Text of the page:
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A medium-sized wading bird 56 centimetres (22 in) in length with a weight of 470 grams (17 oz). The shape of its head with a long bill and crest at the back is reminiscent of a hammer, hence its name. It ranges from Africa, Madagascar to Arabia, in wetlands of a wide variety, including estuaries, lakesides, fish ponds, riverbanks and rocky coasts.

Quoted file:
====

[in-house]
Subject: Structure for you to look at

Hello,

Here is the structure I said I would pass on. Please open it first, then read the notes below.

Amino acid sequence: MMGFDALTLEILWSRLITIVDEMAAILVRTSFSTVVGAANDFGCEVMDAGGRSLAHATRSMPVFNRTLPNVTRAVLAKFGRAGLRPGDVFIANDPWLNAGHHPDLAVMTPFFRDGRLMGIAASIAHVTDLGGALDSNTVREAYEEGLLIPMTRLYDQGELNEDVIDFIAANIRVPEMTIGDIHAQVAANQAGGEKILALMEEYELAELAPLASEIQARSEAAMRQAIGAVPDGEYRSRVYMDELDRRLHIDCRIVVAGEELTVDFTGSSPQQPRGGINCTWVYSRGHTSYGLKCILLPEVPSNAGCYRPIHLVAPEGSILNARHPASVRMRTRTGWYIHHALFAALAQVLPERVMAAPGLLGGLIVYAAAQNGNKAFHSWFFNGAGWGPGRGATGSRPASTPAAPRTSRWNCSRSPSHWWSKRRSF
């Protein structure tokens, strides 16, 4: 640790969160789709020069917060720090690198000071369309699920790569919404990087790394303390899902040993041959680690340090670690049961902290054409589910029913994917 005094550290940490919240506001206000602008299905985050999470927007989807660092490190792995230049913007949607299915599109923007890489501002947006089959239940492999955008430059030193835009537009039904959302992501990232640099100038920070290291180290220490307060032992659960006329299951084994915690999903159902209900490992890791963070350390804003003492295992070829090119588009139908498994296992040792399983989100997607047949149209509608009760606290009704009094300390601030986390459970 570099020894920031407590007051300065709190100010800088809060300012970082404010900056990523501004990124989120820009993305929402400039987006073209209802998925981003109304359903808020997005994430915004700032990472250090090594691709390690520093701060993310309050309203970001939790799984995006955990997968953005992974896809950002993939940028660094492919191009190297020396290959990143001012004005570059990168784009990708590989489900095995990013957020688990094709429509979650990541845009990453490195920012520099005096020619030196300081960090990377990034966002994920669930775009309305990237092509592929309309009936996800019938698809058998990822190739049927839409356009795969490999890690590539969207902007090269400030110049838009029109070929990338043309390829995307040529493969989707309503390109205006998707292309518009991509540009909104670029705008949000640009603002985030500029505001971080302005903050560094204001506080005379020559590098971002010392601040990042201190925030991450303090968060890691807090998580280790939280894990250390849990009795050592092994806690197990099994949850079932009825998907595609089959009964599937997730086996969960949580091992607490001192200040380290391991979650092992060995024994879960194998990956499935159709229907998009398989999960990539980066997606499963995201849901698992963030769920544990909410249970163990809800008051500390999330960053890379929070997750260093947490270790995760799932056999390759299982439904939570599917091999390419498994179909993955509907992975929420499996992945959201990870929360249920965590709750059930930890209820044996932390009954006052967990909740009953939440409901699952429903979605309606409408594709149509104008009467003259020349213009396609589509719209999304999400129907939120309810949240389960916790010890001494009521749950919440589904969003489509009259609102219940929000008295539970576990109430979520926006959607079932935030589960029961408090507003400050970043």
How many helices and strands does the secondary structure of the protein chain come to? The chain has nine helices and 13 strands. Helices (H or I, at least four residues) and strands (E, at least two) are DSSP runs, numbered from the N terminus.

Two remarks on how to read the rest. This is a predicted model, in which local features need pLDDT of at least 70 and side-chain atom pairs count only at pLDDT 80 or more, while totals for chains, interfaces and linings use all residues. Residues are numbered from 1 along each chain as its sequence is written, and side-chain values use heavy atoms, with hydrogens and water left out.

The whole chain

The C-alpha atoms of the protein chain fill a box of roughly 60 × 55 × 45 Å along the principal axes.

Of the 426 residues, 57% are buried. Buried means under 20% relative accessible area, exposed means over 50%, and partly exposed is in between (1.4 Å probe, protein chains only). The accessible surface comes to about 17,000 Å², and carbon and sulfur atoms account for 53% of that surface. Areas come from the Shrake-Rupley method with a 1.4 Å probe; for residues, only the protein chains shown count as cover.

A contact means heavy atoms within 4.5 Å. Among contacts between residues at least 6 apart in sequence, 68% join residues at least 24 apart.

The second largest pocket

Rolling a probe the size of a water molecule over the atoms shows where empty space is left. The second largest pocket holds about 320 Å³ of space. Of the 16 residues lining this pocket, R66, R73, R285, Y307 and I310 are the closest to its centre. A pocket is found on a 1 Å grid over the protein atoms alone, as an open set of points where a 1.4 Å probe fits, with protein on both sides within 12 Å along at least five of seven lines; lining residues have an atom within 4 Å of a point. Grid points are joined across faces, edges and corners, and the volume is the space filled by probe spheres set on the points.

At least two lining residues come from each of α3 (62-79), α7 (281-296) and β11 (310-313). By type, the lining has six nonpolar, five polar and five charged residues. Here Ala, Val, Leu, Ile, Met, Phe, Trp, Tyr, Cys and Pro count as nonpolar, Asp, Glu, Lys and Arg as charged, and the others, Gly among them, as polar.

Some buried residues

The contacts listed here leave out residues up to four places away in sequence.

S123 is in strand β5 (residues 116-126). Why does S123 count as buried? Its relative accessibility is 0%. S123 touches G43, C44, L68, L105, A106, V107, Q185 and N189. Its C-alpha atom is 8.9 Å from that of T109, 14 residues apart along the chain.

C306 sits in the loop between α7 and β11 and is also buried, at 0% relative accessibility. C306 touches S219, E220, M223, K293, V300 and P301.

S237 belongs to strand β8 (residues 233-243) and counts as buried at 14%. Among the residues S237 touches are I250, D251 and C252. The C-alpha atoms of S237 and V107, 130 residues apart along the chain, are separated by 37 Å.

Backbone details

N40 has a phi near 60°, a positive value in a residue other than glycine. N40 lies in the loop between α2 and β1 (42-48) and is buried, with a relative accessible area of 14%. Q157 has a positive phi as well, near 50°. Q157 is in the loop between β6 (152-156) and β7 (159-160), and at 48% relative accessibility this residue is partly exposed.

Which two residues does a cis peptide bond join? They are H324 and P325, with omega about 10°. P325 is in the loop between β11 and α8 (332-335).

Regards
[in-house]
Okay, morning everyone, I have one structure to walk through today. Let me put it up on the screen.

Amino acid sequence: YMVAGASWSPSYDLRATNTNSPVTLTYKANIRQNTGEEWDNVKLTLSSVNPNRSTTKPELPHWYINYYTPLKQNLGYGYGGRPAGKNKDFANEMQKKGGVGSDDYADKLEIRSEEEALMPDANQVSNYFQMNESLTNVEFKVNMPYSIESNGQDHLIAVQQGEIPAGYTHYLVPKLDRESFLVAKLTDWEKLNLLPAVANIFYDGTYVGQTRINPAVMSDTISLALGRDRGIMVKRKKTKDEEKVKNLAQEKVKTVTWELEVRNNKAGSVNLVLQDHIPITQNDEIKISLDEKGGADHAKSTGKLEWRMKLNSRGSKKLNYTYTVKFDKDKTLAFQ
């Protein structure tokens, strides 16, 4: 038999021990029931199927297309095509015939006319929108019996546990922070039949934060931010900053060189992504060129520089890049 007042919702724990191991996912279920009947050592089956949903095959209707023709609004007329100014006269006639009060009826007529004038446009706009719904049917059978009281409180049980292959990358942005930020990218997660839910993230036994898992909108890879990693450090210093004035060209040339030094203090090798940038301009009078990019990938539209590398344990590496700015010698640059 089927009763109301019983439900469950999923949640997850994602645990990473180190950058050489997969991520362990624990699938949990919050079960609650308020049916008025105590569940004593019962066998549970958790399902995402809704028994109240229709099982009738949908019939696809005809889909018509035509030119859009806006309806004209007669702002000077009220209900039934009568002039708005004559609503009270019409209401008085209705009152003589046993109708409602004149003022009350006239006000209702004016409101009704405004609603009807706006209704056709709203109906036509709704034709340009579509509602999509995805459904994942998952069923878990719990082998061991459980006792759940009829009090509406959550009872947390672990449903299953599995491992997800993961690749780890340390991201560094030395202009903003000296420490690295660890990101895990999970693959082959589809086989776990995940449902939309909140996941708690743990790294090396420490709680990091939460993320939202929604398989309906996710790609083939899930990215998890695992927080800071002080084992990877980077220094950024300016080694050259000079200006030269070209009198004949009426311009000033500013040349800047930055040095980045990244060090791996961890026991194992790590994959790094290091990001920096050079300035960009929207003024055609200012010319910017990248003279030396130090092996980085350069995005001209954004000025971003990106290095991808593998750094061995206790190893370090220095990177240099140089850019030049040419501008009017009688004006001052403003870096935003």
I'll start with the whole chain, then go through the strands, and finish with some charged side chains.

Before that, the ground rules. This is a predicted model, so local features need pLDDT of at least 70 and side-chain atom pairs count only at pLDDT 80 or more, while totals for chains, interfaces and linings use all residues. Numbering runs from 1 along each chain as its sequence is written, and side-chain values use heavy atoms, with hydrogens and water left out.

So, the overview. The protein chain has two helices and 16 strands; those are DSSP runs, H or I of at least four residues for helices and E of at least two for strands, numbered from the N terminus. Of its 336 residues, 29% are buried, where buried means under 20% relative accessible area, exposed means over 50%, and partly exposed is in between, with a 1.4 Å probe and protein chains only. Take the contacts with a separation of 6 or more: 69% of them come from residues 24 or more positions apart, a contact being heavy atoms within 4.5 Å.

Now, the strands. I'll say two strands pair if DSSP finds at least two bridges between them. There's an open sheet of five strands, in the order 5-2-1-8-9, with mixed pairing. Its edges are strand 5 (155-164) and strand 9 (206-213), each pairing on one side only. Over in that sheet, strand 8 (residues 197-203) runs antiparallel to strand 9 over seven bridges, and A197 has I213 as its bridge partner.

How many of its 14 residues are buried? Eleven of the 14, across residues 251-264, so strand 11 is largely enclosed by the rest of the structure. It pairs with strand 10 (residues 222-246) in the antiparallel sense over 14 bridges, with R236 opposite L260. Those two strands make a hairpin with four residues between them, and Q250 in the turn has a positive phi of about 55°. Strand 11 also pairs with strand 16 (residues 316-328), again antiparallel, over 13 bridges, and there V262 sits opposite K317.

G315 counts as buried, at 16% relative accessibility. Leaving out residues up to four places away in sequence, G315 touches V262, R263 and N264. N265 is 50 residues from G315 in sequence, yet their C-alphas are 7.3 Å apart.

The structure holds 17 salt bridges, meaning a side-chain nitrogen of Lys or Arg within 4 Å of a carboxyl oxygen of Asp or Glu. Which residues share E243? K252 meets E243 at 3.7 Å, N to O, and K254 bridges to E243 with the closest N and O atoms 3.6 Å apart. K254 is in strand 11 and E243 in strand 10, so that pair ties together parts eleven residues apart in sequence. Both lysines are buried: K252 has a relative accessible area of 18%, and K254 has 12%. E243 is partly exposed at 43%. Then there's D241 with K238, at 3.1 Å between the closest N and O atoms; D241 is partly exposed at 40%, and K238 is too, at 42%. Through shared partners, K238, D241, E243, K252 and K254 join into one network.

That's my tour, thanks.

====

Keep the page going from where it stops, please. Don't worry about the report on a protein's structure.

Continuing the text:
The hamerkop's behaviour is unlike other birds. One unusual feature is that up to ten birds join in "ceremonies" in which they run circles around each other, all calling loudly, raising their crests, fluttering their wings. Another is "false mounting", in which one bird stands on top of another and appears to mount it, but they may not be mates and do not copulate. The strangest aspect of hamerkop behaviour is the huge nest, sometimes more than 1.5 metres (4 ft 11 in) across, comprising perhaps 10,000 sticks and strong enough to support a man's weight. The birds decorate the outside with any bright-coloured objects they can find. When possible, they build the nest in the fork of a tree, often over water, but if necessary they build on a bank, a cliff, a human-built wall or dam, or on the ground. A pair starts by making a platform of sticks held together with mud, then builds walls and a domed roof. A mud-plastered entrance 13–18 centimetres (5.1–7.1 in) wide in the bottom leads through a tunnel up to 60 centimetres (24 in) long to a nesting chamber big enough for the parents and young. It is known in some cultures as the lightning bird, and the Kalahari Bushmen believe or believed that being hit by lightning resulted from trying to rob a hamerkop's nest. They also believe that the inimical god Khauna would not like anyone to kill a hamerkop. According to an old Malagasy belief, anyone who destroys its nest will get leprosy, and a Malagasy poem calls it an "evil bird". Such beliefs have given the bird some protection.